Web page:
Why should we trust the Bible?

The “Isaiah” Seal

I recently saw an article in National Geographic that read Has the Signature of Biblical Prophet “Isaiah” Been Discovered? In the article, it is revealed that a partial clay seal dating to Isaiah’s time period has been found with his name followed by a partial word that likely spells out “prophet.” The term is only missing one letter. If this is an actual seal of Isaiah, this will be the first reference to him from his era outside of the Bible itself.

These types of discoveries always make me think about why Christians should trust the Bible. We say we believe that the Bible is God’s Word and that because God is perfect he cannot be wrong. If he truly inspired the writings of the Bible the way we believe he did, then the content of the Bible must be completely accurate.

It gets interesting when we think about how little evidence there is outside the Bible to qualify these claims. However, it becomes more interesting when we find evidence that does support Biblical claims concerning historical people, places, and cultural practices, etc.

What I think is most interesting is that while numerous discoveries have shown the Bible to be accurate in what it reports, no findings have disproved any biblical claims.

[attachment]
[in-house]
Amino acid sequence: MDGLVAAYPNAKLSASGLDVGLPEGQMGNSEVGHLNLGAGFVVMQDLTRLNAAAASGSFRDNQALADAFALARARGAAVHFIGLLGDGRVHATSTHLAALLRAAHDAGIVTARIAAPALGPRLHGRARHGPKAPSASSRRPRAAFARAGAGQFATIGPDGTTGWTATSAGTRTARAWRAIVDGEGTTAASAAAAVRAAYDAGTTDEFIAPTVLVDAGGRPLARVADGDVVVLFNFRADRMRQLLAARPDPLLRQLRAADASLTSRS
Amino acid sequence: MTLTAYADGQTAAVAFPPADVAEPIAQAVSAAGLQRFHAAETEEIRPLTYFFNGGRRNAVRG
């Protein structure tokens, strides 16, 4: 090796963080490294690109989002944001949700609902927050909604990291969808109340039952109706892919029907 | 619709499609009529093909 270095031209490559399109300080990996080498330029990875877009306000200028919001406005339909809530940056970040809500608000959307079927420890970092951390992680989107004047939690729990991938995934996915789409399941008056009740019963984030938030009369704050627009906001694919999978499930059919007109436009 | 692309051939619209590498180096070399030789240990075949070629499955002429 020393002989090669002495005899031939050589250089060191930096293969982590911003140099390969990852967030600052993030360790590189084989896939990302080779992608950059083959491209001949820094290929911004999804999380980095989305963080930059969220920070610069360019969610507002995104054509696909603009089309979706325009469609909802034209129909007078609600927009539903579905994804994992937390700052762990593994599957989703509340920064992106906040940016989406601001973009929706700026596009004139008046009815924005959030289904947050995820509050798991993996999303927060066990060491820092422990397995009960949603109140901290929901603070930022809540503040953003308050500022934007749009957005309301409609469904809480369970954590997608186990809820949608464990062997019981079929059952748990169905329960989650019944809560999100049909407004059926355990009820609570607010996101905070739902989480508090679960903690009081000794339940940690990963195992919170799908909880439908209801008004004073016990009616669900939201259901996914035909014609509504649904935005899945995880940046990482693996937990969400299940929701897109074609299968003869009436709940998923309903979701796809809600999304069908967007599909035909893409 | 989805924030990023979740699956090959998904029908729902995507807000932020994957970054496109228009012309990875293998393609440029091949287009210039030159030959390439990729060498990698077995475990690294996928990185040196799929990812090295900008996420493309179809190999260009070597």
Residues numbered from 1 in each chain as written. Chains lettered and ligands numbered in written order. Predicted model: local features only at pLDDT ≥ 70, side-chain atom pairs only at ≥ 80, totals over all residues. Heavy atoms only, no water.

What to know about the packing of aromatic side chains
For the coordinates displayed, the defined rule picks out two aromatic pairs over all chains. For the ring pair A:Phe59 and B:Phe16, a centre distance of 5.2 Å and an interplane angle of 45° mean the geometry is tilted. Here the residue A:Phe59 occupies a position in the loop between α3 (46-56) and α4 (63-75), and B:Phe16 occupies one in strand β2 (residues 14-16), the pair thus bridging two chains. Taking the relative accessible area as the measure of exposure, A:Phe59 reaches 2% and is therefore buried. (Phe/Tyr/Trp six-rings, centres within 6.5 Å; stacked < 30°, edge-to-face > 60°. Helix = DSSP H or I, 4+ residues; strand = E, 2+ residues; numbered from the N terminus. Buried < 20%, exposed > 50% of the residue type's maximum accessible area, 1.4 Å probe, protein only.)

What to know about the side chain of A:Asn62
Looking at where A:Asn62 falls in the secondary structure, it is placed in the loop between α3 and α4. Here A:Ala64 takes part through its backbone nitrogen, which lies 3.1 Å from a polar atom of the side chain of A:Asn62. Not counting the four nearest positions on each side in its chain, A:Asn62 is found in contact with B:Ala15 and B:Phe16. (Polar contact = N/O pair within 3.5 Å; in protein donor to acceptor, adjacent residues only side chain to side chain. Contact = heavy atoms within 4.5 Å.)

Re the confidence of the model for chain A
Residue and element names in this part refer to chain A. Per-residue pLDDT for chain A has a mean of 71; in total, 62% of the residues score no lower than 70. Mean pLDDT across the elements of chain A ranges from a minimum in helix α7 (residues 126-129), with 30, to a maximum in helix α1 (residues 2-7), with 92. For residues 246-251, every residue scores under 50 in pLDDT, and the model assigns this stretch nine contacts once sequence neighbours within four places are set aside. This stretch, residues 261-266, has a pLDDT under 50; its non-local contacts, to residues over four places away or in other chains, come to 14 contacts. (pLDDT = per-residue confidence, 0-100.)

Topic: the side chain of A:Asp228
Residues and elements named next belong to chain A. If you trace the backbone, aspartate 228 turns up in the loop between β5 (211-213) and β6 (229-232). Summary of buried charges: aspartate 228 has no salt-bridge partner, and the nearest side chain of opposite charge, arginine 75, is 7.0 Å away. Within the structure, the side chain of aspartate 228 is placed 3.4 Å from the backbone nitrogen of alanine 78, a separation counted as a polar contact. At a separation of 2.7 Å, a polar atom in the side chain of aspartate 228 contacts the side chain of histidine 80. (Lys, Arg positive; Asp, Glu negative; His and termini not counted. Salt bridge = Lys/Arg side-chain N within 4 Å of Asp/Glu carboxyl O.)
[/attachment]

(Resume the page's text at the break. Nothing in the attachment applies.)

Here is a list of some finds from 2016 alone.


Now I am not suggesting that archeological finds prove Christianity to be true or even that we should base our beliefs on hard evidence.

But what I am suggesting is that these finds provide reassurance that our trust in Scripture is warranted. The Bible was recorded with great concern for historical accuracy. Our beliefs are not that “out there” because the book we base them on is correct in all that it claims that can be tested. There is still a lot of evidence to find, but to date none of what we find through proper historical study negates any claims made in the Bible.

When it comes to trusting the Bible, the track record suggests that we should give Scripture the benefit of the doubt when it comes to things for which there is currently no evidence.

One Comment
  1. Mark Boone